Sacalum Municipality

Sacalum Municipality (In the Yucatec Maya Language: “white earth") is one of the 106 municipalities in the Mexican state of Yucatán containing (205.66 km2) of land and is located roughly 75 km south of the city of Mérida.[2]

Sacalum
Municipality
Region 7 Sur #062
Region 7 Sur #062
Sacalum is located in Mexico
Sacalum
Sacalum
Location of the Municipality in Mexico
Coordinates: 20°29′42″N 89°35′23″W / 20.49500°N 89.58972°W / 20.49500; -89.58972Coordinates: 20°29′42″N 89°35′23″W / 20.49500°N 89.58972°W / 20.49500; -89.58972
CountryFlag of Mexico.svg Mexico
StateFlag of Yucatan.svg Yucatán
Mexico Ind.1821
Yucatán Est.1824
Government
 • TypePAN logo (Mexico).svg 2012–2015[1]
 • Municipal PresidentAna Maria Balam Medina[2]
Area
 • Total205.66 km2 (79.41 sq mi)
 [2]
Elevation
22 m (72 ft)
Population
 (2010[3])
 • Total4,589
 • Density22/km2 (58/sq mi)
 • Demonym
Umanense
Time zoneUTC-6 (Central Standard Time)
 • Summer (DST)UTC-5 (Central Daylight Time)
INEGI Code062
Major AirportMerida (Manuel Crescencio Rejón) International Airport
IATA CodeMID
ICAO CodeMMMD
Municipalities of Yucatán

HistoryEdit

There is no accurate data on when the town was founded, but during the conquest, a Franciscan order settled here. At colonization, Sacalum became part of the encomienda system [2] with a series of encomendaros: Pedro Alvarez 1549, Francisco Pacheco 1579, Francisco de Solís 1607, Ignacio de Solís Osorio 1688, Lucas de Villamil y Vargas 1694.[4]

Yucatán declared its independence from the Spanish Crown in 1821, and in 1825 the area was assigned to the low sierra partition of Mama Municipality.[2] In 1867 it was transferred to the Ticul Municipality and confirmed as its own municipality in 1988.[5]

GovernanceEdit

The municipal president is elected for a three-year term. The town council has four councilpersons, who serve as Secretary and councilors of public security and public lighting, image and ecology, potable water, cemeteries, and police commissaries.[6]

The Municipal Council administers the business of the municipality. It is responsible for budgeting and expenditures and producing all required reports for all branches of the municipal administration. Annually it determines educational standards for schools.[6]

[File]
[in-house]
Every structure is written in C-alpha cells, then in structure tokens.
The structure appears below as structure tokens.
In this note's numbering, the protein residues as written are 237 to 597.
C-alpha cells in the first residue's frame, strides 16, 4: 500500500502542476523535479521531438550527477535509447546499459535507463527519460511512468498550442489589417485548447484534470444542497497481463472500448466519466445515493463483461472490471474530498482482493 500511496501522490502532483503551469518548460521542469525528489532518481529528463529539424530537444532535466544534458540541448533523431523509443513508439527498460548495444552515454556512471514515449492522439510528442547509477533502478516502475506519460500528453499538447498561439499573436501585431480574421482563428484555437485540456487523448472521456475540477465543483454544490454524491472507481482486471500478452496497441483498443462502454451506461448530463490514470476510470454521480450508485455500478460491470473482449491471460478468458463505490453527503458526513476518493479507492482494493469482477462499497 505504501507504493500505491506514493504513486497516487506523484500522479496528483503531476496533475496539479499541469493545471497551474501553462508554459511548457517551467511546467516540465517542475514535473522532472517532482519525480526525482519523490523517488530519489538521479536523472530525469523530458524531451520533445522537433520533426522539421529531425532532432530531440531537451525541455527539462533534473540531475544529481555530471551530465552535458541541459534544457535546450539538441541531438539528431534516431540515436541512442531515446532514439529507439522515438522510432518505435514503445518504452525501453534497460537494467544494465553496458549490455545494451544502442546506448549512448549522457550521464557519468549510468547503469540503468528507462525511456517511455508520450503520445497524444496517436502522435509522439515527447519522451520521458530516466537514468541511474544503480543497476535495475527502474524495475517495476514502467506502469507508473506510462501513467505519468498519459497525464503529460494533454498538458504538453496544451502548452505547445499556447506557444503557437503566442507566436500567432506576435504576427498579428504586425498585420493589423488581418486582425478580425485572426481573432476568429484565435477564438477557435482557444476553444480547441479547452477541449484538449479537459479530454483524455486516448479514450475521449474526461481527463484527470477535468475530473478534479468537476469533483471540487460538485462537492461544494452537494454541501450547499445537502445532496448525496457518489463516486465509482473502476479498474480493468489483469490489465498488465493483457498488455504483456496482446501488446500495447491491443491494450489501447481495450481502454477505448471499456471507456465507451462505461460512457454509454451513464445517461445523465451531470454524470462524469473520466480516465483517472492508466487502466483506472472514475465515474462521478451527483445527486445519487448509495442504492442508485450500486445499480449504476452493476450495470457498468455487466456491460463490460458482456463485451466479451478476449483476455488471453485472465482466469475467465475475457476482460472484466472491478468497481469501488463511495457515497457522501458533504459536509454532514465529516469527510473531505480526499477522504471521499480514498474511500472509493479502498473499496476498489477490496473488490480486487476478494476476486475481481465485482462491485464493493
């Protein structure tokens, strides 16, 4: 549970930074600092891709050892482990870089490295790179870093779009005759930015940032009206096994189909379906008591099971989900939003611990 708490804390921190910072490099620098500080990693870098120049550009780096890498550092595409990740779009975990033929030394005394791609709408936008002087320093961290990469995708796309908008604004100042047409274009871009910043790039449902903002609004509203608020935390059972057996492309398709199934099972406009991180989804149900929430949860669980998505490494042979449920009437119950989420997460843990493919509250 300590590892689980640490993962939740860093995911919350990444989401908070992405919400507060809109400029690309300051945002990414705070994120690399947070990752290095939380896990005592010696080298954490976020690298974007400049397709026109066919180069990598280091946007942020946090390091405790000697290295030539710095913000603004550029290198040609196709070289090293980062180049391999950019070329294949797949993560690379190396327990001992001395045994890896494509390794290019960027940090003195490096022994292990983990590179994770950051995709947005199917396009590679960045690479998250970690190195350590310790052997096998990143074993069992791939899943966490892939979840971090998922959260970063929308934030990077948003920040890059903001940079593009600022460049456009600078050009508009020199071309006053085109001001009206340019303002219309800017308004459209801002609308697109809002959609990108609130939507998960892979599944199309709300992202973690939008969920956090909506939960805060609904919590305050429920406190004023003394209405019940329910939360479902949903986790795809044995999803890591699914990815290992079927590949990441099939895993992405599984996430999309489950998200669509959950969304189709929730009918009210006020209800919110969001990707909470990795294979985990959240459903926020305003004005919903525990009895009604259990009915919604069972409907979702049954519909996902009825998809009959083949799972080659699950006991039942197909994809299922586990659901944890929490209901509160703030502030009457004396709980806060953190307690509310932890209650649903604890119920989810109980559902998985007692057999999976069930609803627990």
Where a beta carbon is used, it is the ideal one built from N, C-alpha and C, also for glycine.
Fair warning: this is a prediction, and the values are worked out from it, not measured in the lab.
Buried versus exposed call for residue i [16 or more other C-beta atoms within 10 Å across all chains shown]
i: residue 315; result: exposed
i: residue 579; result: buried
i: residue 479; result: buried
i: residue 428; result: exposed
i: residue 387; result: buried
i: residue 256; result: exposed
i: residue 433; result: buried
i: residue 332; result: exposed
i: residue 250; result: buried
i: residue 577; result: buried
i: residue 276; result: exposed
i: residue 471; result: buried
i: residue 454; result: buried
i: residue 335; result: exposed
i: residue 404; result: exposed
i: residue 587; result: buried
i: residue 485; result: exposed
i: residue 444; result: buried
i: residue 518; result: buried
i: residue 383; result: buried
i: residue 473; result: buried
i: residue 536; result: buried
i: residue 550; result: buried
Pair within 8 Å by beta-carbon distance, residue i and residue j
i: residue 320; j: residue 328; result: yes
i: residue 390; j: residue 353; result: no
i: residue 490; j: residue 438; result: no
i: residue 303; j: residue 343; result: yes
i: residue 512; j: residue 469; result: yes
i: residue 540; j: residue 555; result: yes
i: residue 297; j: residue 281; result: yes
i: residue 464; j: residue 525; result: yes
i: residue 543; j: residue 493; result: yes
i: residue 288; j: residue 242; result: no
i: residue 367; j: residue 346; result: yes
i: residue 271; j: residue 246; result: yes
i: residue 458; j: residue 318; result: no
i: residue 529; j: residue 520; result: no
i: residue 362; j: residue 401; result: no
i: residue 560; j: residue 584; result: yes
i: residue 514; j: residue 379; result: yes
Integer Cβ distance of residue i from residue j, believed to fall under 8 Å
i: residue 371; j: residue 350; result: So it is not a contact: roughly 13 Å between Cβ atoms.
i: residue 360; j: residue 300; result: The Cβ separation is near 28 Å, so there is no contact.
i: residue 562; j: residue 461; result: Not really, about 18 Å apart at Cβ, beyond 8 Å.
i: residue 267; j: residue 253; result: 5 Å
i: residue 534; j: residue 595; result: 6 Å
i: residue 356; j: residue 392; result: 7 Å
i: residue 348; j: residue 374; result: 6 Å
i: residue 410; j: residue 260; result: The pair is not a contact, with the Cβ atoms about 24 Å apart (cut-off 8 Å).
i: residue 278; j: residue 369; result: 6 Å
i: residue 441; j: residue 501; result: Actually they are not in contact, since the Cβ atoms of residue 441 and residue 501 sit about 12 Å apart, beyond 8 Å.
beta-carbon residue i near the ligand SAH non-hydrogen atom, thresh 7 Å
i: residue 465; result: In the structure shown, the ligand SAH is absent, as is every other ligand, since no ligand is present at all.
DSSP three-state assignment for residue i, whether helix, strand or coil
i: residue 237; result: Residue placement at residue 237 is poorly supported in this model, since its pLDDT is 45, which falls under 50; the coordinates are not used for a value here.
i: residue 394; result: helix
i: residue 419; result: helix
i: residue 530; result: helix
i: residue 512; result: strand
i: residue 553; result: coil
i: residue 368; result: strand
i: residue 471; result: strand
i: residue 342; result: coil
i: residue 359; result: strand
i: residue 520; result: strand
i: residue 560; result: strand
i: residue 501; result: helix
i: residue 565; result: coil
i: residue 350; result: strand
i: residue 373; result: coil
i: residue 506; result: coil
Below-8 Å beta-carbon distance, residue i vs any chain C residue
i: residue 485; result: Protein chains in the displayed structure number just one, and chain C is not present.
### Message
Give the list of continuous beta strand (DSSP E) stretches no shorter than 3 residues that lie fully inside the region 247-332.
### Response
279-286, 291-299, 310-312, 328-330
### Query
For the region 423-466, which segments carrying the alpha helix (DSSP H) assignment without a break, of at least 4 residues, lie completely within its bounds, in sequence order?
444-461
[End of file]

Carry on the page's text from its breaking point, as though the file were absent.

The Police Commissioners ensure public order and safety. They are tasked with enforcing regulations, distributing materials and administering rulings of general compliance issued by the council.[6]

CommunitiesEdit

The head of the municipality is Sacalum, Yucatán. There are 9 populated areas of the municipality including: Chacá, Plan Chac, San Antonio Mulix, San Antonio Sodzil, San Esteban, San Raúl, Tepakán, Yohkat and Yunkú. The significant populations are shown below:[2]

Community Population
Entire Municipality (2010) 4,589[3]
Plan Chac 267 in 2005[7]
Sacalum 3399 in 2005[8]
San Antonio Sodzil 384 in 2005[9]
Yunkú 161 in 2005[10]

Local festivalsEdit

Every year on 3 May the town celebrates a festival in honor of the Holy Cross.[2]

Tourist attractionsEdit

ReferencesEdit

  1. ^ "Mujeres pelean en Sacalum" (in Spanish). Mérida, Mexico: Diario de Yucatán. 5 July 2012. Retrieved 3 August 2015.
  2. ^ a b c d e f g h "Municipios de Yucatán »Sacalum" (in Spanish). Retrieved 3 August 2015.
  3. ^ a b "Mexico In Figures:Sacalum, Yucatán". INEGI (in Spanish and English). Aguascalientes, México: Instituto Nacional de Estadística y Geografía (INEGI). Archived from the original on 6 May 2015. Retrieved 3 August 2015.
  4. ^ García Bernal, Manuela Cristina (1978). Población y encomienda en Yucatán bajo los Austrias (in Spanish). Sevilla: Escuela de Estudios Hispano-Americanos. p. 503. ISBN 978-8-400-04399-5. Retrieved 1 August 2015.
  5. ^ "Estado de Yucatán. División Territorial de 1810 a 1995" (PDF). inegi (in Spanish). Aguascalientes, Mexico: Instituto Nacional de Estadística, Geografía e Informática. 1996. pp. 111, 123. Archived from the original (PDF) on 23 December 2015. Retrieved 3 August 2015.
  6. ^ a b c "Sacalum". inafed (in Spanish). Mérida, Mexico: Enciclopedia de Los Municipios y Delegaciones de México. Retrieved 3 August 2015.
  7. ^ "Plan Chac". PueblosAmerica (in Spanish). PueblosAmerica. 2005. Retrieved 3 August 2015.
  8. ^ "Sacalum". PueblosAmerica (in Spanish). PueblosAmerica. 2005. Retrieved 3 August 2015.
  9. ^ "San Antonio Sodzil". PueblosAmerica (in Spanish). PueblosAmerica. 2005. Retrieved 3 August 2015.
  10. ^ "Yunkú" (in Spanish). PueblosAmerica. 2005. Retrieved 3 August 2015.